Bomb squad upgrades robot

LIMA — A robot can be an essential tool for the local bomb squad. The use of robotics by the Allen County Department of Homeland Security and Emergency Management Agency was first introduced in 2005. The technical device allows for the bomb squad technicians to safely inspect potential bomb threats without additional risk.

Today, the Allen County bomb squad utilizes an f6b robot that assists during investigations. In 2019, the bomb squad utilized this same device to inspect a suspicious package outside of Bob Evans located on Harding Highway.

Robotic technology continues to aid in the department’s effort to combat threats to public safety.

Bomb squads across the United States are first responders to threats of explosions. In Allen County, the team was created in the early 1970s.

In addition to servicing Allen County, our local bomb squad serves 11 other counties in the State of Ohio.

“The team serves the 12 counties in Northwest Ohio,” said EMA Director Tom Berger. “We are deployable throughout the State and the nation. The team is a fully accredited FBI bomb squad.”

Allen County, Ohio Department of Homeland Security and Emergency Management requested to apply for a grant to upgrade their technology.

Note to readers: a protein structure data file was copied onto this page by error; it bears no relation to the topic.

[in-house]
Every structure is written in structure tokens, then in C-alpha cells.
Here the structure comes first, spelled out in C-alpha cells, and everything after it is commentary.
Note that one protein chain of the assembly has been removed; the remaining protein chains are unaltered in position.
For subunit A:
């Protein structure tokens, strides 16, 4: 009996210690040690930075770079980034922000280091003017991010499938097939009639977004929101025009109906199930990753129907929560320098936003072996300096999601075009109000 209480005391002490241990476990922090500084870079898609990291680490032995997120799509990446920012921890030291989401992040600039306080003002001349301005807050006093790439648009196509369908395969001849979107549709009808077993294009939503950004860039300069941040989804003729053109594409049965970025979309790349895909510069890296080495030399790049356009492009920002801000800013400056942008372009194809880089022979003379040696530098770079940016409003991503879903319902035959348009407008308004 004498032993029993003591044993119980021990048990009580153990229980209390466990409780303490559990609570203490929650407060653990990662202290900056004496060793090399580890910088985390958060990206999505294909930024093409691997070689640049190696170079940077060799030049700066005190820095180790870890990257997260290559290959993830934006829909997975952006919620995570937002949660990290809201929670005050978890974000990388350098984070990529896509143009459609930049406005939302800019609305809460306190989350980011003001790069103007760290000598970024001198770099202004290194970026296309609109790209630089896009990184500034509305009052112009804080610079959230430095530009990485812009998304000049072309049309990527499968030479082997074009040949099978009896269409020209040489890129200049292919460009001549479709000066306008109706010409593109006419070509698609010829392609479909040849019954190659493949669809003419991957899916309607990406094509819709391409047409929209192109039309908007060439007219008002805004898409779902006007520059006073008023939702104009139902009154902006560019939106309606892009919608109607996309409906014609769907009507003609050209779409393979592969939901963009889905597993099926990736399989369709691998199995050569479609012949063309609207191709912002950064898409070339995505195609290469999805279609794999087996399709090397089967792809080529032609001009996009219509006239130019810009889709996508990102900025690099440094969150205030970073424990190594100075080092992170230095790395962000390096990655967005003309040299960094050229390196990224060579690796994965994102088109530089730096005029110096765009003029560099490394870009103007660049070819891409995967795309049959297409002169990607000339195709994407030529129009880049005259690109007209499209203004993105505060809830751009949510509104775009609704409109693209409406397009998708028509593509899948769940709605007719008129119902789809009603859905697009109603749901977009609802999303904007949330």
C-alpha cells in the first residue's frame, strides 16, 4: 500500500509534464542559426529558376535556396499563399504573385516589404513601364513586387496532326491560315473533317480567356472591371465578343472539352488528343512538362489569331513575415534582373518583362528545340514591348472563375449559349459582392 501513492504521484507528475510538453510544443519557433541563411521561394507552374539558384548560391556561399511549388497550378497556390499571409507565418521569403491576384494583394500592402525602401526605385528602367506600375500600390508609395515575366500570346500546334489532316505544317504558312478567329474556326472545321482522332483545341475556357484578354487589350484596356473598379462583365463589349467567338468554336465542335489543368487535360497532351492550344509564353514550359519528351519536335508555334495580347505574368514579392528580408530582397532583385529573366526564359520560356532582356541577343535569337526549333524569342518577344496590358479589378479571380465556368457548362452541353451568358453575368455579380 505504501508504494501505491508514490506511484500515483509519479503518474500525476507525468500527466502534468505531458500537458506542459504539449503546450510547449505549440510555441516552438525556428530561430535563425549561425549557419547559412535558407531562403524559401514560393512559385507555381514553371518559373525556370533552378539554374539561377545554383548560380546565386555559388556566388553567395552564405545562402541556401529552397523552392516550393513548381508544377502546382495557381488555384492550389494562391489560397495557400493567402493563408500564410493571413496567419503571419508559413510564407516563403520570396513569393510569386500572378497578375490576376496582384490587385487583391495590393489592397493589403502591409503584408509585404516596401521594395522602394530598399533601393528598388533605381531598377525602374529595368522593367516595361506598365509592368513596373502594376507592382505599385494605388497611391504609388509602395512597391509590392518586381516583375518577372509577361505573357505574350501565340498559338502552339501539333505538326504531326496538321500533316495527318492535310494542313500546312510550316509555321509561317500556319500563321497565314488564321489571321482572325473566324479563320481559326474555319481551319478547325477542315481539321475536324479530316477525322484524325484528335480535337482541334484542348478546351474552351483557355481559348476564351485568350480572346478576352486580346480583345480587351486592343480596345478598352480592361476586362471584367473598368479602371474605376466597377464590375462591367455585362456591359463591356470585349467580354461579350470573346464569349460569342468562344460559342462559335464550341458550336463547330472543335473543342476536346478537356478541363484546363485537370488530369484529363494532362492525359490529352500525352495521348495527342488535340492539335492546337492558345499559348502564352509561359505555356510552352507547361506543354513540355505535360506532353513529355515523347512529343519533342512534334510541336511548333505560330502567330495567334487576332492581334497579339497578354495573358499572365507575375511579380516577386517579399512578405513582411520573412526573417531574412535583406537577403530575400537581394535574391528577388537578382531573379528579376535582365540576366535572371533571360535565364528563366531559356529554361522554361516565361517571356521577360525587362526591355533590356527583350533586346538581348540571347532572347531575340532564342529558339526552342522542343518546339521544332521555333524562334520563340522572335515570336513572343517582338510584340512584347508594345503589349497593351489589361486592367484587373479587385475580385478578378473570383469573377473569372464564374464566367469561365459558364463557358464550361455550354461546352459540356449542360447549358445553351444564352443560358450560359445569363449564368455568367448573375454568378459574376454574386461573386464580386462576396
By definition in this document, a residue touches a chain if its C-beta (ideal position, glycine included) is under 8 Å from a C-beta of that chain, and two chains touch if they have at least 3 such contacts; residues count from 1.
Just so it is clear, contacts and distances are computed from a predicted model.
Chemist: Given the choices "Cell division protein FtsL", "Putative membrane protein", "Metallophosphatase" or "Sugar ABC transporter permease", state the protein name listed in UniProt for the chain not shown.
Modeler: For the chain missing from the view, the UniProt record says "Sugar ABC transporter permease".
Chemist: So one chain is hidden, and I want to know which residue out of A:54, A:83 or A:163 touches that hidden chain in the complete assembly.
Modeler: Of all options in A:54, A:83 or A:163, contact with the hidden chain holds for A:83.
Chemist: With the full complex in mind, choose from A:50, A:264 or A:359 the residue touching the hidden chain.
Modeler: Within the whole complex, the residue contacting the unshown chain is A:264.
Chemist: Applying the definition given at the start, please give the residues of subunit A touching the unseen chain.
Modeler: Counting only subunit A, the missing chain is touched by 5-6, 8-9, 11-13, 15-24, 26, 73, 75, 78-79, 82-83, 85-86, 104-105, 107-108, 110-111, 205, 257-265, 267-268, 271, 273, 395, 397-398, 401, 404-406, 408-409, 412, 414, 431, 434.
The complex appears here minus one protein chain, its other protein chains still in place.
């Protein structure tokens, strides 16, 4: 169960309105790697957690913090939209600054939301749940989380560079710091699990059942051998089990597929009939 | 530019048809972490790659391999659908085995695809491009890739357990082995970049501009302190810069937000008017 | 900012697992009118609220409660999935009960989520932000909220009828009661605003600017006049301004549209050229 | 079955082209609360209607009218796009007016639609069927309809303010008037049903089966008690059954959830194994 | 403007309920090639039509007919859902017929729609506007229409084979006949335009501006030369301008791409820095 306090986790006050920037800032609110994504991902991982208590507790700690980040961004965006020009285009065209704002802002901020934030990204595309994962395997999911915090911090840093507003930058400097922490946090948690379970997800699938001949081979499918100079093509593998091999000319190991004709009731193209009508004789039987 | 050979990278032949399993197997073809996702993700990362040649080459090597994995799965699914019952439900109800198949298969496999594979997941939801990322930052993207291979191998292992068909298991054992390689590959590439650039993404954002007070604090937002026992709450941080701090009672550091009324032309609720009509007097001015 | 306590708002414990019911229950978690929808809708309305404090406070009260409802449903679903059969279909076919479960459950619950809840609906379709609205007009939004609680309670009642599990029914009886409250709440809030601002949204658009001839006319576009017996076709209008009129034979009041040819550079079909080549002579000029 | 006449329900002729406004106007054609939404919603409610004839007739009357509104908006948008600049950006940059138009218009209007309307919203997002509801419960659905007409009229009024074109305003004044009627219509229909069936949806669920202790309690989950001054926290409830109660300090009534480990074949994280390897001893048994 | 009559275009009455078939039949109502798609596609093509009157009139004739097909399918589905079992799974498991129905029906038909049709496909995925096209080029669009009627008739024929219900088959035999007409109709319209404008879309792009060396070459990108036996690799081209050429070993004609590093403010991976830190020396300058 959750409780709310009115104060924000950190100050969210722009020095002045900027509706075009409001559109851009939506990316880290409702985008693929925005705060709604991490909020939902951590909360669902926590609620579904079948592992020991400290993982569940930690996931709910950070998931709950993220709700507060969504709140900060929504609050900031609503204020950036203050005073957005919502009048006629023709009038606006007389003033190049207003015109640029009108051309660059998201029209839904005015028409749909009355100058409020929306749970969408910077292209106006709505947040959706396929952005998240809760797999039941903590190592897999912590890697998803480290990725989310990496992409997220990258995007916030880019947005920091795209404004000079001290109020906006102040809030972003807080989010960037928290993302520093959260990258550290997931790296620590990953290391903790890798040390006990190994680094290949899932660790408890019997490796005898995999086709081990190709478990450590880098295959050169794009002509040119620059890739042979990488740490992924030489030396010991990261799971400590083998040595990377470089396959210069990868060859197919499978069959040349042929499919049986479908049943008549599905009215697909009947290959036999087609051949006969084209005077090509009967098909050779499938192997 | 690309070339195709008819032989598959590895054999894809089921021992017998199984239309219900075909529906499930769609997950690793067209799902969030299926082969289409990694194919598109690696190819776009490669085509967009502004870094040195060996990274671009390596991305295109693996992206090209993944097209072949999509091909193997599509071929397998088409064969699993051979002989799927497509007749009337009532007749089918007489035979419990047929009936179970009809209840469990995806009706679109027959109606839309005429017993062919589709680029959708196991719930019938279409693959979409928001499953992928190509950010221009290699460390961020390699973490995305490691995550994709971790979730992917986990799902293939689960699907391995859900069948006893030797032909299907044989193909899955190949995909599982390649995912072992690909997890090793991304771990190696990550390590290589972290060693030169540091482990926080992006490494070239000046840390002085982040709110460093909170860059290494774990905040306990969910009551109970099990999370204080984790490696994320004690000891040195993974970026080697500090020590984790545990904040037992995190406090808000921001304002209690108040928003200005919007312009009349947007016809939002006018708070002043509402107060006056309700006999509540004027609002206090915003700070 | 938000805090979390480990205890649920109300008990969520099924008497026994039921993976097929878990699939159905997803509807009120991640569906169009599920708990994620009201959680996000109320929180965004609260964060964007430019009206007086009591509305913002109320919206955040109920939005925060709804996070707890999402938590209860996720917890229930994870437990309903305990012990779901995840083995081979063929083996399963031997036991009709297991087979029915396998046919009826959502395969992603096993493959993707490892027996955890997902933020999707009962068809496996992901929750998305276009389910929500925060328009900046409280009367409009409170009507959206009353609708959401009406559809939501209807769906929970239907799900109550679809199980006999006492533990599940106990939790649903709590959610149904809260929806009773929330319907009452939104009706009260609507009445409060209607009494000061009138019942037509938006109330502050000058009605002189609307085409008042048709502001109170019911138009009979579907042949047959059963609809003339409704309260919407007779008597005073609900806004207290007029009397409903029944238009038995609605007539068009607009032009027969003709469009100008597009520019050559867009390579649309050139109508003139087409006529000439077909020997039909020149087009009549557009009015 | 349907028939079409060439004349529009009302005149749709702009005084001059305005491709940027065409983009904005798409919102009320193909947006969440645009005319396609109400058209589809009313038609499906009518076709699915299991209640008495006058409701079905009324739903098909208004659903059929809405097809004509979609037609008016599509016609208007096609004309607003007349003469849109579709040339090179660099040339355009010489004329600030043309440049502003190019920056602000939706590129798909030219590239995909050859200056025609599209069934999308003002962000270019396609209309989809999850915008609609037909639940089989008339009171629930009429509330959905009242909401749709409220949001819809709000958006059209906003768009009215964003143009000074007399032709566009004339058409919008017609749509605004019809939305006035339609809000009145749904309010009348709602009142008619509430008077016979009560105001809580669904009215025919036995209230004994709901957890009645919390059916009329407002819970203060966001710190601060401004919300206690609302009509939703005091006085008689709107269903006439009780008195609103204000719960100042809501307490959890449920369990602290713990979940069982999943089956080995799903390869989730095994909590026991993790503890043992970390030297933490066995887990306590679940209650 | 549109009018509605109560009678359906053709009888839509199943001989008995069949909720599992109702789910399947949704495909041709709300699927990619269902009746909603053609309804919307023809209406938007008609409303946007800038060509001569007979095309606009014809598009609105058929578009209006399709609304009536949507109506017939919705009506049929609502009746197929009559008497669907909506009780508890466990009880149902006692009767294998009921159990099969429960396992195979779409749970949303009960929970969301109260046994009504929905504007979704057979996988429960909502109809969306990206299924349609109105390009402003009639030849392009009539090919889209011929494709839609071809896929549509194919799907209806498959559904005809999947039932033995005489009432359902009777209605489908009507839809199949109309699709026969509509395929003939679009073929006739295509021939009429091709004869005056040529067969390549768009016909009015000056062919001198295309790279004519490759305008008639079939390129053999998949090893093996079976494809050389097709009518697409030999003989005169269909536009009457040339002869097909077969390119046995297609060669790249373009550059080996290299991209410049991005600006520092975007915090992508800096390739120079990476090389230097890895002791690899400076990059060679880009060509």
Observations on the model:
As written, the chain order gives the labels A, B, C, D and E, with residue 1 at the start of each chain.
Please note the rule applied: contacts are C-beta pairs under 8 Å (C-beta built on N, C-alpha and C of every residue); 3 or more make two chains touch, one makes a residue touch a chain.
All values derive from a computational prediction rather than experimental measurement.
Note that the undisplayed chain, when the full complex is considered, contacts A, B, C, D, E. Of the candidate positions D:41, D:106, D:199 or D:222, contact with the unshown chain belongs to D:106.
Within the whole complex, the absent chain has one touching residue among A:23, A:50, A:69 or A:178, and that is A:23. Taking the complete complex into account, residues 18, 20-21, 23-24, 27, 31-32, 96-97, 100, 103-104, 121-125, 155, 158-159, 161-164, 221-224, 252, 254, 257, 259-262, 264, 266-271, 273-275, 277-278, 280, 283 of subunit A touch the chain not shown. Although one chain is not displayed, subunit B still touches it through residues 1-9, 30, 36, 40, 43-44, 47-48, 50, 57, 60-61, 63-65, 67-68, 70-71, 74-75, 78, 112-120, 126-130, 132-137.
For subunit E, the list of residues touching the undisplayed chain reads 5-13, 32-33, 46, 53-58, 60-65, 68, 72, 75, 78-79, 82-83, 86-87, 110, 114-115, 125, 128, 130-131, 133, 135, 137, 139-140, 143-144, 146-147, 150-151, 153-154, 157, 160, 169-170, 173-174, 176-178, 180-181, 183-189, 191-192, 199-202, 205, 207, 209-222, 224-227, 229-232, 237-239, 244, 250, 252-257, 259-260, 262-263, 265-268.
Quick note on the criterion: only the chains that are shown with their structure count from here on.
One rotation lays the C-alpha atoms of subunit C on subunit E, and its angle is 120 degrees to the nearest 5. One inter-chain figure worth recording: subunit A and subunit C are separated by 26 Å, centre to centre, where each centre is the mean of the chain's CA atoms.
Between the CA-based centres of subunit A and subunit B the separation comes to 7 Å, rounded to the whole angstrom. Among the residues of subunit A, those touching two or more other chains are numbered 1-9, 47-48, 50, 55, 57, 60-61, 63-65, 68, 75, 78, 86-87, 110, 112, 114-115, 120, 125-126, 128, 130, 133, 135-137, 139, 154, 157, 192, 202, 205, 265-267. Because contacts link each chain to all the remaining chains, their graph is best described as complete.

On Thursday morning, the department requested an upgrade. The State of Ohio offers a grant to Homeland Security in the amount of $250,000 for a robot response vehicle and $165,000 to upgrade the f6b robot.

If approved, the grant will provide reimbursement to the department for the new upgrades.

Berger weighed in on the improvements.

“We did an upgrade about 10 years ago and now they offer a new upgrade to the robot,” said Berger. “Instead of buying a new robot, we can just replace the arm. It adds more mobility to the robot. It is a fully reticulating arm now. It allows easier openings to doors or packages. It makes it a lot easier and a lot more functional for the public safety bomb technician to do their job.”

The bomb squad robot has the ability to scan pictures and open packages without putting a safety technician close to the device. The robot is controlled by the technician who guides the device from the response vehicle.

“When we can use robots, we like to do that to minimize the risk to the bomb technician,” added Berger.